Indeed, the court’s grant of certiorari in the case is nearly as notable as its 2016 stay of the CPP. The court will be reviewing the U.S. Court of Appeals for the D.C. Circuit’s decision invalidating the Trump administration’s repeal of the CPP on the ground that the administration was wrong to conclude that a specific section of the Clean Air Act unambiguously precluded the EPA from regulating emissions in this way. Although the D.C. Circuit vacated the Trump administration’s rule, it did not reinstate the CPP. That’s because the Biden administration noted it was working on an entirely new power plant rule by that point.
The absence of a rule to review, coupled with the questionable nature of the court’s 2016 stay, suggests that at least some of the conservative justices are not interested in a narrow decision. And the petitioners’ briefs, as well as the court’s own recent shadow-docket precedents, provide the justices with a pathway for potentially gutting the EPA’s authority to address the climate crisis in any meaningful way.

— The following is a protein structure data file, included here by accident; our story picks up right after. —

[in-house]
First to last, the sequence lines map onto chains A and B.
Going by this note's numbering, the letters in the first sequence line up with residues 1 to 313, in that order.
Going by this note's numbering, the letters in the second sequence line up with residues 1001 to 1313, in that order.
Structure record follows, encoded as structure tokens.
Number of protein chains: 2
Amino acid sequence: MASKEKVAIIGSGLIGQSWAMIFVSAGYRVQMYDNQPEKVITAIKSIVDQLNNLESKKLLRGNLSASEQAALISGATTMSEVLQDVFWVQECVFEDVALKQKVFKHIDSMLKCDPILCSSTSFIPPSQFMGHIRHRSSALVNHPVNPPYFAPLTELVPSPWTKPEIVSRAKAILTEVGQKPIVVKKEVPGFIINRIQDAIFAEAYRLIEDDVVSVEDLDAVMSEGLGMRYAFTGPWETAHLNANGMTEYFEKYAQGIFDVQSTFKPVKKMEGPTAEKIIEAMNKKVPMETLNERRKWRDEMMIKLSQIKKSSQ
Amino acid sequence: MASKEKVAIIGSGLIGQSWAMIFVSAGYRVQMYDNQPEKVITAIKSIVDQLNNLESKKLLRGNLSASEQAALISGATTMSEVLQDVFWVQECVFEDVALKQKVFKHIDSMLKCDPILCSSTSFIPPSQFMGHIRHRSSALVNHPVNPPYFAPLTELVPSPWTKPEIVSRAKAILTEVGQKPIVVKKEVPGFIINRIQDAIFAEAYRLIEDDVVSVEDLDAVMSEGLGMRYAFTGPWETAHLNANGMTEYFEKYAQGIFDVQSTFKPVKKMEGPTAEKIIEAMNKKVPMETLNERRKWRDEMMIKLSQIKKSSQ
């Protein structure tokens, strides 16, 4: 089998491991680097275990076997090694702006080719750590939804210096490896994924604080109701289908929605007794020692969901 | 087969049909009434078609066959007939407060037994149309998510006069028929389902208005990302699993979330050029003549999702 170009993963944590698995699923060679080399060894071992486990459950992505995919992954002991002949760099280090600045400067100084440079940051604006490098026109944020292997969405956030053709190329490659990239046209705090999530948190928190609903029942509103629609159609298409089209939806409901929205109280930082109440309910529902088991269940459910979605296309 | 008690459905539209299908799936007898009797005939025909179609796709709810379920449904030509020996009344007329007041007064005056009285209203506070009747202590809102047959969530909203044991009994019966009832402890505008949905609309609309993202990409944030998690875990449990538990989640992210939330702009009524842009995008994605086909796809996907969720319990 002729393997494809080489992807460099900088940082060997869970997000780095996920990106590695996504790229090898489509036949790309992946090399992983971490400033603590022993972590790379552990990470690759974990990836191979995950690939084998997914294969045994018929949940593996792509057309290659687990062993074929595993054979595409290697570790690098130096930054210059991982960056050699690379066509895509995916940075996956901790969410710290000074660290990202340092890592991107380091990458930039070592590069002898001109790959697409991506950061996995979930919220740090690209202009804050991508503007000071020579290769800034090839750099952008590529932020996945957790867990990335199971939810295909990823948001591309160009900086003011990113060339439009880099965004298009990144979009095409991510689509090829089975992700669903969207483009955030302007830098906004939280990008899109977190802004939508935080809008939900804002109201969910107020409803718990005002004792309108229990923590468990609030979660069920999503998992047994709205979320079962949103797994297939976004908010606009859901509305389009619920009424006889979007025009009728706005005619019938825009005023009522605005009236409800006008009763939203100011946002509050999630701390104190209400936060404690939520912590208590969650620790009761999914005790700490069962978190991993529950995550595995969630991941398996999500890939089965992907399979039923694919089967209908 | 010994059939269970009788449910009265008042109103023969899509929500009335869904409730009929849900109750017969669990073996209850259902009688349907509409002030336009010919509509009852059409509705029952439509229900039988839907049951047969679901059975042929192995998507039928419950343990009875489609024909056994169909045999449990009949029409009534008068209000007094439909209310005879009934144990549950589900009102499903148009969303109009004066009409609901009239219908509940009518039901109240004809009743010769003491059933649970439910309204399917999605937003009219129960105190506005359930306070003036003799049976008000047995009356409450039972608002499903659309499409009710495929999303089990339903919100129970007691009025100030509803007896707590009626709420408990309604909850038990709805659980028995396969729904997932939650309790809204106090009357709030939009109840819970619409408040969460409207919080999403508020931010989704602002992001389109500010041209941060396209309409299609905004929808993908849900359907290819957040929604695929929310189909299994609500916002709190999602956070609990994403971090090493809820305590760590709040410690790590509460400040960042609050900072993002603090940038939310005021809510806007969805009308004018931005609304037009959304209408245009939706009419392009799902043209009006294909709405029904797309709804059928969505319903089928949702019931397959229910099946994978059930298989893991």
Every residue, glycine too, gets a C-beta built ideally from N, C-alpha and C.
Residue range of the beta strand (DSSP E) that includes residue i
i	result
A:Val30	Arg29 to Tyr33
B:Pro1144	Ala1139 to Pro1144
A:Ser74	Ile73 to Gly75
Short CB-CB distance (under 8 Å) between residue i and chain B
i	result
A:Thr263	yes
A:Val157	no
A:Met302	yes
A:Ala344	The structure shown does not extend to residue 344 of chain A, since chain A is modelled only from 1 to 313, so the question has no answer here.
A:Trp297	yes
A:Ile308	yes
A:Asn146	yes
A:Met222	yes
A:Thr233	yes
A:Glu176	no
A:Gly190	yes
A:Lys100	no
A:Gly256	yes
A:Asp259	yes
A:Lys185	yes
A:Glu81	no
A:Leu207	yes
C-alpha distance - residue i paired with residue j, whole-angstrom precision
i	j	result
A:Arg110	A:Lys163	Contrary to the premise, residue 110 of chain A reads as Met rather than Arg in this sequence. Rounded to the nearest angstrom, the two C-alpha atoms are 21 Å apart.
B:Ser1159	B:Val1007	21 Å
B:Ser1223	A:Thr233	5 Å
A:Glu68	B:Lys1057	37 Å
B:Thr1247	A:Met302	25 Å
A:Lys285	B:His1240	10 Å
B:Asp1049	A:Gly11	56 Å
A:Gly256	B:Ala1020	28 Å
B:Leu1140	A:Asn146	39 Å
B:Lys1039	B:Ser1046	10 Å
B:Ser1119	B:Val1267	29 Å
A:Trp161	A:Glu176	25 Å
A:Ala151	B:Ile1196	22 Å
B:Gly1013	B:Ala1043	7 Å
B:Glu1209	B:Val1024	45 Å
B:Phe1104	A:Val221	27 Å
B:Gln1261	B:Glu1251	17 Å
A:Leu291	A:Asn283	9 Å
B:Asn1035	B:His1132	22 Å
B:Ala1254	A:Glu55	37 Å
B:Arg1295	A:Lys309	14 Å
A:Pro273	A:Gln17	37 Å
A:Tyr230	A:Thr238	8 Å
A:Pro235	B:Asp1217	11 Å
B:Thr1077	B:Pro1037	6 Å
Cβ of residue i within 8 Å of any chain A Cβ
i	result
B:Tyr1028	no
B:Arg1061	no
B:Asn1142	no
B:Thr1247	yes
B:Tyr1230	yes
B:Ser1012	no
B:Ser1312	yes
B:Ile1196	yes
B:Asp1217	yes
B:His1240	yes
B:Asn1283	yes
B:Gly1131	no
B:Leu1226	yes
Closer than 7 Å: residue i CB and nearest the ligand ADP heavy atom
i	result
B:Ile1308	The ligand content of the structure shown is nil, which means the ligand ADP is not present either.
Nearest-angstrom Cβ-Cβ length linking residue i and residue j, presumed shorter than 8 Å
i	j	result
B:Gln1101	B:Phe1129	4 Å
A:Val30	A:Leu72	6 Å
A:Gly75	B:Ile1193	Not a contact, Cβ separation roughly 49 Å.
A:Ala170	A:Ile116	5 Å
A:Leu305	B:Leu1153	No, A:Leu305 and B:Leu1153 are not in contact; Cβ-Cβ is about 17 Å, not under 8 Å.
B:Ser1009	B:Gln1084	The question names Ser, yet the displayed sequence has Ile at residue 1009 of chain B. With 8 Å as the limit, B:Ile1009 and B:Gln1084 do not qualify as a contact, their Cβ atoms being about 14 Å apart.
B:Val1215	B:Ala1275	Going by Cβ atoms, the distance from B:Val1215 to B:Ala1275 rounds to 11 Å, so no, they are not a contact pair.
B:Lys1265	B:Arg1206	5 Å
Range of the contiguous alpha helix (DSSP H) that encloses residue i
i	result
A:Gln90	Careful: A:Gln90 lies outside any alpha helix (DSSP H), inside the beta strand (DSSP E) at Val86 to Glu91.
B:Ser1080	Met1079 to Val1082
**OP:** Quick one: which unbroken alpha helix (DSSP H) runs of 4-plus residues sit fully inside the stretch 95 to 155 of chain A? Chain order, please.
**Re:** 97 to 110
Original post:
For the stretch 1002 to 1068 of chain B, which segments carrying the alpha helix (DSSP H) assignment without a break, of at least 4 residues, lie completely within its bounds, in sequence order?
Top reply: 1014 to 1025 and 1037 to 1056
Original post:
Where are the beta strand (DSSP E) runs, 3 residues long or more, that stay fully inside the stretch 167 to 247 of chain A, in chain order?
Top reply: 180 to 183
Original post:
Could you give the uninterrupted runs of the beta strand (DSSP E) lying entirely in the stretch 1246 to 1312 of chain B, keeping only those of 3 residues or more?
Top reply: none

Crucially, all of the petitioners’ briefs rely on some variation of the so-called major questions doctrine. As the Supreme Court recently described this area of jurisprudence: “We expect Congress to speak clearly when authorizing an agency to exercise powers of vast economic and political significance.” When, though, is an agency’s delegated authority “of vast economic and political significance”? And what is the requisite level of clarity with which Congress must speak in order to give an agency such authority?